Resistance and Remembrance: Us Women, Our Ways, Our World

I had always thought, erroneously it turns out, that protests against Australia Day were a relatively new phenomenon. Yet since 1938 protesters have marched against the 25th of January being an Australian national holiday because it ‘celebrates’ Europeans landing on this continent. Known as the Day of Mourning, this 1930s protest was one of the first major civil rights gatherings in the world.

The genesis of NAIDOC (National Aborigines and Islanders Day Observance Committee) week lies in the Day of Mourning, but unlike this earlier day of commiseration, NAIDOC week now is a series of celebratory events. It’s this approach – one of recognition and remembrance, as well as resistance – that Us Women, Our Ways, Our World takes to investigating the lived experience of Aboriginal women, through fourteen different pieces of writing. It seems fitting to take a closer look at this book during NAIDOC week.

Mullumbimby: another must-read Australian novel

I love it when I pick up a book, for which I hold no expectations and know very little about, and am totally captivated by it. This was how it went with Mullumbimby.  I reckon Mullumbimby by Melissa Lucashenko will feature in my top five books of 2016;  it’s funny, tender, instructive and a page-turner all at once.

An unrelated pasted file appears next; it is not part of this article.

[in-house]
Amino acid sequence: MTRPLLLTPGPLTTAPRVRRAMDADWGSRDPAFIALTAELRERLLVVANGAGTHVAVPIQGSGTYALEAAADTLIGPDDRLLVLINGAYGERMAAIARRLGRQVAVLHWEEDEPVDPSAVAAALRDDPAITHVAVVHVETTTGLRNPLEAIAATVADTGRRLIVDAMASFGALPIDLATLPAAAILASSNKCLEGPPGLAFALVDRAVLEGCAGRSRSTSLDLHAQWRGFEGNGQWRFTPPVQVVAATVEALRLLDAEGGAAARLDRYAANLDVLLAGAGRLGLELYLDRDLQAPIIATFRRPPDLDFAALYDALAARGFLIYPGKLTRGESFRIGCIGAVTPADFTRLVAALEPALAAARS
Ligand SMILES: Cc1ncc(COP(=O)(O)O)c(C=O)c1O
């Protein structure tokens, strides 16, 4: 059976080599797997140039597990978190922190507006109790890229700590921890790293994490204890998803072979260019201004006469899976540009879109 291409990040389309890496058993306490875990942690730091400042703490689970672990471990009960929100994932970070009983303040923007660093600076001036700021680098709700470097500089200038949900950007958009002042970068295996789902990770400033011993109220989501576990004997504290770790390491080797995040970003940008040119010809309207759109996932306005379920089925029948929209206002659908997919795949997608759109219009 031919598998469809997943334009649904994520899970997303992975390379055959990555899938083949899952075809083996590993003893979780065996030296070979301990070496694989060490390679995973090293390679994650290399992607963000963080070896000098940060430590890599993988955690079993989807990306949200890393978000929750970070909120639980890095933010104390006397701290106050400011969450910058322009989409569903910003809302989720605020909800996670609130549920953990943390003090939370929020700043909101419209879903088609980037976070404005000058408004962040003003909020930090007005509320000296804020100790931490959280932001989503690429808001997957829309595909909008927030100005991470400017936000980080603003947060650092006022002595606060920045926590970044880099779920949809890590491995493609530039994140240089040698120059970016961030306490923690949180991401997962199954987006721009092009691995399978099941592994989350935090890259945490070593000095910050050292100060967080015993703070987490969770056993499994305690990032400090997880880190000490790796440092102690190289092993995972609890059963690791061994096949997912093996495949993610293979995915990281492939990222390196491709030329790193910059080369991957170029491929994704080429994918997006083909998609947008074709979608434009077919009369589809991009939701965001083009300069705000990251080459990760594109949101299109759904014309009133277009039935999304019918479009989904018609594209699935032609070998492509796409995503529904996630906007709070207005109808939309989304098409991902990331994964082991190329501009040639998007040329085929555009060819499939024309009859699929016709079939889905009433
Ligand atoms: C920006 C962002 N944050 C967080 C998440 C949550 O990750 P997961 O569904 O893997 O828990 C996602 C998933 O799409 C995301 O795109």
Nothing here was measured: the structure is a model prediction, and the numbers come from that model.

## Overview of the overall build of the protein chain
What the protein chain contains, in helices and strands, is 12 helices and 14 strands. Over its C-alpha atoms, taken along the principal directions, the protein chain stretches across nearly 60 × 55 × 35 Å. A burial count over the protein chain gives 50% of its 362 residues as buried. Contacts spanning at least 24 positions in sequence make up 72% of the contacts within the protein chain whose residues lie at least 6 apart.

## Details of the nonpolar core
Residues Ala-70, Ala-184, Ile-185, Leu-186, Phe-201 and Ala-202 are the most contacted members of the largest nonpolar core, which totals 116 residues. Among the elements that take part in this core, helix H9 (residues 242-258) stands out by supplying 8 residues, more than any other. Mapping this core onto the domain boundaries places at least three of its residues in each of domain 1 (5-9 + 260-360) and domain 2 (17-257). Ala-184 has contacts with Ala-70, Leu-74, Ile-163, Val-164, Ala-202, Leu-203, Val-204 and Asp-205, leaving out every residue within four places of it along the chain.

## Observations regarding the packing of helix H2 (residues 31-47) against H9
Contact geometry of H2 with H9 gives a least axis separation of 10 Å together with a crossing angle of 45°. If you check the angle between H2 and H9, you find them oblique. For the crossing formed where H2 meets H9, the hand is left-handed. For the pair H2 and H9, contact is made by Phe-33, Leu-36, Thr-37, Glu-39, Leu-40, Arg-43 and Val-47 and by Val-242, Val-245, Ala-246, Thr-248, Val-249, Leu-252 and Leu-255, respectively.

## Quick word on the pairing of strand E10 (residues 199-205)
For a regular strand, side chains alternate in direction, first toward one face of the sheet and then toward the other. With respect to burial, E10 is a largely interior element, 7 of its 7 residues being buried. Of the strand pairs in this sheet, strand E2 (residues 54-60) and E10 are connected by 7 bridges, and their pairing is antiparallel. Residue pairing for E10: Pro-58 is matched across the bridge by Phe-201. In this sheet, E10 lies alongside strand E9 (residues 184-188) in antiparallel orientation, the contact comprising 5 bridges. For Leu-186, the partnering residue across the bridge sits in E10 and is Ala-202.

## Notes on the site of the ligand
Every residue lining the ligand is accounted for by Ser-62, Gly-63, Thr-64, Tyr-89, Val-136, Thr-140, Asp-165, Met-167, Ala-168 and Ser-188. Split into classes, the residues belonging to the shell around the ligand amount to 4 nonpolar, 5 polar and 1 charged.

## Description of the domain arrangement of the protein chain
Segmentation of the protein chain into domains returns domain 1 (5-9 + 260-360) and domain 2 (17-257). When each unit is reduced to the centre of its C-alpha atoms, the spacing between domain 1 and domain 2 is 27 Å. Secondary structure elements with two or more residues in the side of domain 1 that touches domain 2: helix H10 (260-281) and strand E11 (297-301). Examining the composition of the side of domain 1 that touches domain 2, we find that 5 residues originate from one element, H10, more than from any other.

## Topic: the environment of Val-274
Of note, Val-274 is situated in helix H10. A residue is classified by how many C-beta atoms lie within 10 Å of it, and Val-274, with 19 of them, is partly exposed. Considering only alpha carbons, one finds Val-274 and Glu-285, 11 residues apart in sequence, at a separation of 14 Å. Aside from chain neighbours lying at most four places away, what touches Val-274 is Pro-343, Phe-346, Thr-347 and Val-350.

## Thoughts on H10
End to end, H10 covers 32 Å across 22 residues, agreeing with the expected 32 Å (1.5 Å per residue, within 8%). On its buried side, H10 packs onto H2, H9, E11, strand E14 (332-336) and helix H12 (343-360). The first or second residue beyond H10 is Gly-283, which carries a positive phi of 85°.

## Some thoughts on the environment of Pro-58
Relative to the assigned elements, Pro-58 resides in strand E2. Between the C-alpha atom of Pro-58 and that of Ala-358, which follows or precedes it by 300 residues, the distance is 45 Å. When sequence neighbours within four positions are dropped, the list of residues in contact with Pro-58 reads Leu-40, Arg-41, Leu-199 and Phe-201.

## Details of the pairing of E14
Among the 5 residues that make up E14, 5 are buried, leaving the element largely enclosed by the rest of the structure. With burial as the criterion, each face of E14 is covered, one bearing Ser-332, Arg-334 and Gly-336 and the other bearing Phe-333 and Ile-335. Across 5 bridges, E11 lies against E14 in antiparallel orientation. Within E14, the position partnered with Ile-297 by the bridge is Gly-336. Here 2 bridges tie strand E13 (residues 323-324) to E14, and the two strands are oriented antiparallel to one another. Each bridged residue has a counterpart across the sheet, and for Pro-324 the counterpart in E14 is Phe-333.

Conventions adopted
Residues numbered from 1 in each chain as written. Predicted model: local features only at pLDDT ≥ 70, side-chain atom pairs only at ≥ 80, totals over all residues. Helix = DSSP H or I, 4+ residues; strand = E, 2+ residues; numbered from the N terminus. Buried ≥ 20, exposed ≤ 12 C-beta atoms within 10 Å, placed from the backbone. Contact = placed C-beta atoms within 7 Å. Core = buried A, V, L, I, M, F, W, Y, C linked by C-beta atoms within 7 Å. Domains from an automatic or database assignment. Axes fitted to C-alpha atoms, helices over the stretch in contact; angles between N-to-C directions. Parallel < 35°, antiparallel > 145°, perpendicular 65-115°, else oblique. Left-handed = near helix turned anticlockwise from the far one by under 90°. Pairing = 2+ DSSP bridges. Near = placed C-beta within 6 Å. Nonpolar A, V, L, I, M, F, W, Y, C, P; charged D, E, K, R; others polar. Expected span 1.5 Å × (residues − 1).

Fourteen preschoolers, two Indigenous books and a LOT of excitement

Magabala Books recently sent me two children’s books to review – Return of the Dinosaurs and Cheeky Animals. I find it hard to review kids’ books because in the end, it doesn’t really matter whether I like the book!

Then I thought, who better to review these books than Master Five and his pals from kindergarten. So last week I headed into his early learning centre to do a group reading with him and his classmates.

I was actually a bit nervous as I walked through the doors.  What if other kids aren’t as into books as mine? Would they find me dull? Do five-year olds heckle?